New Regulations of Sale of Tobacco

Smoking teen

Smoking is a deadly habit that causes almost 700,000 deaths a year in the EU and costs over €30 billion in healthcare and loss of productivity. Although there has been a decline in smoking prevalence in Europe, tobacco remains a huge problem, with an average of at least one in four adults across Europe smoking.

The Tobacco Products Directive (2014/40/EU) introduced to all EU countries on the 20th of May, 2016 aims to improve the functioning of the internal market for tobacco and related products, while ensuring a high level of health protection for European citizens. It outlines a number of changes for tobacco products sold in the EU. These include:

  • LARGER AND MANDATORY PICTORIAL HEALTHWARNINGS
    Graphic health warnings with photos, text and cessation information will cover 65% of the front and the back of cigarette packs. This is aimed to discourage people from smoking or encourage them to quit. The warnings are grouped in three sets, to be rotated every year, to ensure that they retain their impact for as long as possible.
  • BAN ON CIGARETTES AND RYO WITH CHARACTERISING FLAVOURS
    Cigarettes and roll your own (RYO) tobacco products may no longer have characterising flavours such as menthol, vanilla or candy that mask the taste and smell of tobacco. The ban will apply as of 2020.
  • REPLACEMENT OF TNCO LABELLING
    The tar, nicotine and carbon monoxide (TNCO) labelling on cigarettes and RYO tobacco will now be replaced with an information message that informs consumers that ‘Tobacco smoke contains over 70 substances known to cause cancer.’ The new information message will more accurately reflect the true health consequences of smoking.
  • NO MORE PROMOTIONAL OR MISLEADING PACKAGES
    Cigarette packs must have a cuboid shape to ensure visibility of the combined health warnings. Slim packs and other irregular shaped packs will no longer be allowed. Packs containing less than 20 cigarettes are also banned. Promotional and/or misleading features or elements are not allowed on tobacco packages. References to lifestyle benefits, taste or flavourings, special offers, suggestions that a particular product is less harmful than another, or has improved biodegradability or other environmental advantages, will no longer be possible.
  • MANDATORY ELECTRONIC REPORTING ON INGREDIENTS
    To gather more information on the ingredients contained in tobacco products and their effects on health and addiction, manufacturers and importers of tobacco products are required to report on ingredients in all products they place on the EU.
  • SAFETY AND QUALITY REQUIREMENTS FOR E-CIGARETTES
    The Tobacco Products Directive introduces safety and quality requirements for e-cigarettes containing nicotine which is a toxic substance. The Directive sets maximum nicotine concentrations and maximum volumes for cartridges, tanks and nicotine liquid containers. E-cigarettes should be child resistant and tamper proof and have a mechanism that ensures refilling without spillage to protect consumers. They must be of high purity and e-cigarettes should deliver the same amount of nicotine for puffs of the same strength and duration.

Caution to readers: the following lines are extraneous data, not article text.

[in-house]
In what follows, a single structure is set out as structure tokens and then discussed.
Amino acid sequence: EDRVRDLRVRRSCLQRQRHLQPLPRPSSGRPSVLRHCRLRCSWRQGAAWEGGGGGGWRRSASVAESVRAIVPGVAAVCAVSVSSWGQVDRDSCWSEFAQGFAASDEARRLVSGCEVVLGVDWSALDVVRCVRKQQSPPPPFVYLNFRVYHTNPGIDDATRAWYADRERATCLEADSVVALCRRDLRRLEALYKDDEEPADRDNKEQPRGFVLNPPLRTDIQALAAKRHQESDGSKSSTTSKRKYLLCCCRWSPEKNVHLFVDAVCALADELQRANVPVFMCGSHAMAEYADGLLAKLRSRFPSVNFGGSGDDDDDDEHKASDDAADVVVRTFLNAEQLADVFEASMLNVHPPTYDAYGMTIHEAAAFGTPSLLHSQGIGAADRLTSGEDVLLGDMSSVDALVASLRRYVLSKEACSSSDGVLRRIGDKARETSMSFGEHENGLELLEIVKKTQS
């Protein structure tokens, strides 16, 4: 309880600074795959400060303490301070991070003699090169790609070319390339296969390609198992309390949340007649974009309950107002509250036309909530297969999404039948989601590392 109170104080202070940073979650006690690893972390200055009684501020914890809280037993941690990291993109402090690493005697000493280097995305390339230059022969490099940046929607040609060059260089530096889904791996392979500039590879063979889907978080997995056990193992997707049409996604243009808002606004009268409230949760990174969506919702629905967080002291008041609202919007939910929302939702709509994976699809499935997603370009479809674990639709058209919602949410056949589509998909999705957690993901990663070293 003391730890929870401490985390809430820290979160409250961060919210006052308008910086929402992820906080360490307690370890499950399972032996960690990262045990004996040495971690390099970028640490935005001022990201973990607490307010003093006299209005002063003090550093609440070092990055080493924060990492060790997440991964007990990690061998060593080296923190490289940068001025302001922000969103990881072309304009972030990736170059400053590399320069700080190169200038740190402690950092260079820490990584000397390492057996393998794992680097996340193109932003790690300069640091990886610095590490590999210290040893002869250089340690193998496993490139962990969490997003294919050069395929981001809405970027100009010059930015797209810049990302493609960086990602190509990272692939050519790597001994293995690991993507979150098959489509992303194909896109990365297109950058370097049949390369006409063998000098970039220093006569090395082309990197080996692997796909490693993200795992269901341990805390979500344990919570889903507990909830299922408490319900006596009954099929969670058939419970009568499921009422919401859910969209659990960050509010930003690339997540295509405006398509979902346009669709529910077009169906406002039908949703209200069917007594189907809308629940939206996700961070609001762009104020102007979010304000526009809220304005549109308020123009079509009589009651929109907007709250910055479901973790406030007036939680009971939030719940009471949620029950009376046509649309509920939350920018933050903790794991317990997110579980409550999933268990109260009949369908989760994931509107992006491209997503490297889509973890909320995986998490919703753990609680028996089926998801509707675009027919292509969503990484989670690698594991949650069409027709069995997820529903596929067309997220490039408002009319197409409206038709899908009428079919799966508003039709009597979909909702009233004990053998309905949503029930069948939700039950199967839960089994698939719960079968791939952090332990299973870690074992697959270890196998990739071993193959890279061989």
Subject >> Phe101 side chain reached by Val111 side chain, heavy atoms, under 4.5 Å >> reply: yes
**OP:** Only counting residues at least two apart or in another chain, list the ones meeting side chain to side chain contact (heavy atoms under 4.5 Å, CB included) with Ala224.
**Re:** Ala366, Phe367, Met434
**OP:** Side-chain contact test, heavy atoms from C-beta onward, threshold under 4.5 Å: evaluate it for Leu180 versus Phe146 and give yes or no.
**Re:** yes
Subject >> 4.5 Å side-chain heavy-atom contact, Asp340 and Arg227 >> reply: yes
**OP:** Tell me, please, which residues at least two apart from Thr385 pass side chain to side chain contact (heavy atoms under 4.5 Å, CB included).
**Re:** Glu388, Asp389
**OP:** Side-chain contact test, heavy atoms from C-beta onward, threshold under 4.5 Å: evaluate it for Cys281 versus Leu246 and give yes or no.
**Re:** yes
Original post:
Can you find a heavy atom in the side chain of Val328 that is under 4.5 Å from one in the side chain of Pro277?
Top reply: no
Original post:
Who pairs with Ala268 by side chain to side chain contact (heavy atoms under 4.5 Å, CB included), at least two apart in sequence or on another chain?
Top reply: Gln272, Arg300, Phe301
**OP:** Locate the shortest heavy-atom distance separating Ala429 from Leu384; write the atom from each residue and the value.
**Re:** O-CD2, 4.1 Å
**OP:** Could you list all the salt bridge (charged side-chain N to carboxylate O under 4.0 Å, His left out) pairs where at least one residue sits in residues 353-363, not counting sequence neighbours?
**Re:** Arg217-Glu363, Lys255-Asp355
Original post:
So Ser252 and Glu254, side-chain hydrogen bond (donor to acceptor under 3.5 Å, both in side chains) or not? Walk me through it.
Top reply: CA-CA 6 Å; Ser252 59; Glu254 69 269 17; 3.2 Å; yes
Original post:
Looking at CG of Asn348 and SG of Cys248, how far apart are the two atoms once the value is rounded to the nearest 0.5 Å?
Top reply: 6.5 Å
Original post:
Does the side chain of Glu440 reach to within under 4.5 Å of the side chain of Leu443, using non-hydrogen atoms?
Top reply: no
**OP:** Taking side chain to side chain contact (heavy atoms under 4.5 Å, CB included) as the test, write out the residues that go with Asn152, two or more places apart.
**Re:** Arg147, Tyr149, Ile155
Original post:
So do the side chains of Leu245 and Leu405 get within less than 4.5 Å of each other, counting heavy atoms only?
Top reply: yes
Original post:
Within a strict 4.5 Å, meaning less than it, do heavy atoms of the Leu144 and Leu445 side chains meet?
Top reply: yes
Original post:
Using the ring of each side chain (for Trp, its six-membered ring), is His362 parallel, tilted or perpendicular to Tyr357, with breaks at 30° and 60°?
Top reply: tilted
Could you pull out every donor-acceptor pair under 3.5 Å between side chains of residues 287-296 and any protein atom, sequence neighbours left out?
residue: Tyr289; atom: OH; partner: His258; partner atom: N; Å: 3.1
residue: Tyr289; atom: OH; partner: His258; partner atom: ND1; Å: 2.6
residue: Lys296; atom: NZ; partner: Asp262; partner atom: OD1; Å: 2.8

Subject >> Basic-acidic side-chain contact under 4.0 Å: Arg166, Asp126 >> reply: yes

• PACKAGING AND LABELLING RULES FOR E-CIGARETTES
    Health warnings for e-cigarettes become mandatory advising consumers that e-cigarettes contain nicotine and should not be used by non-smokers. Packaging must also include a list of all ingredients contained in the product, information on the product’s nicotine content and a leaflet setting out instructions for use and information on adverse effects, risk groups and addictiveness and toxicity.
  • MONITORING AND REPORTING OF DEVELOPMENTS RELATED TO E-CIGARETTES
    As e-cigarettes are a relatively new product for which evidence is only starting to emerge, the Directive lays down monitoring and reporting requirements for manufacturers and importers.
  • MEASURES TO COMBAT ILLICIT TRADE
    The smoking prevalence across EU is decreasing and we need to sustain this decrease by all the measures applicable. This directive should ensure that fewer young people take up this deadly habit.

The sooner a person stops, the greater the reduction in risk. In fact, researchers have found that if a person stops smoking before the age of 50 the mortality risk is virtually reduced to that of a non-smoker. Even if someone gives up after the age of 60, the risk of dying at any given age is reduced by about 39% compared to a person who carries on smoking.

Support is available from the Health Promotion and Disease Prevention Directorate through walk in smoking cessation clinics in Floriana and Mosta health centres in the evenings.
Contact the directorate on +356 23266000 for more information.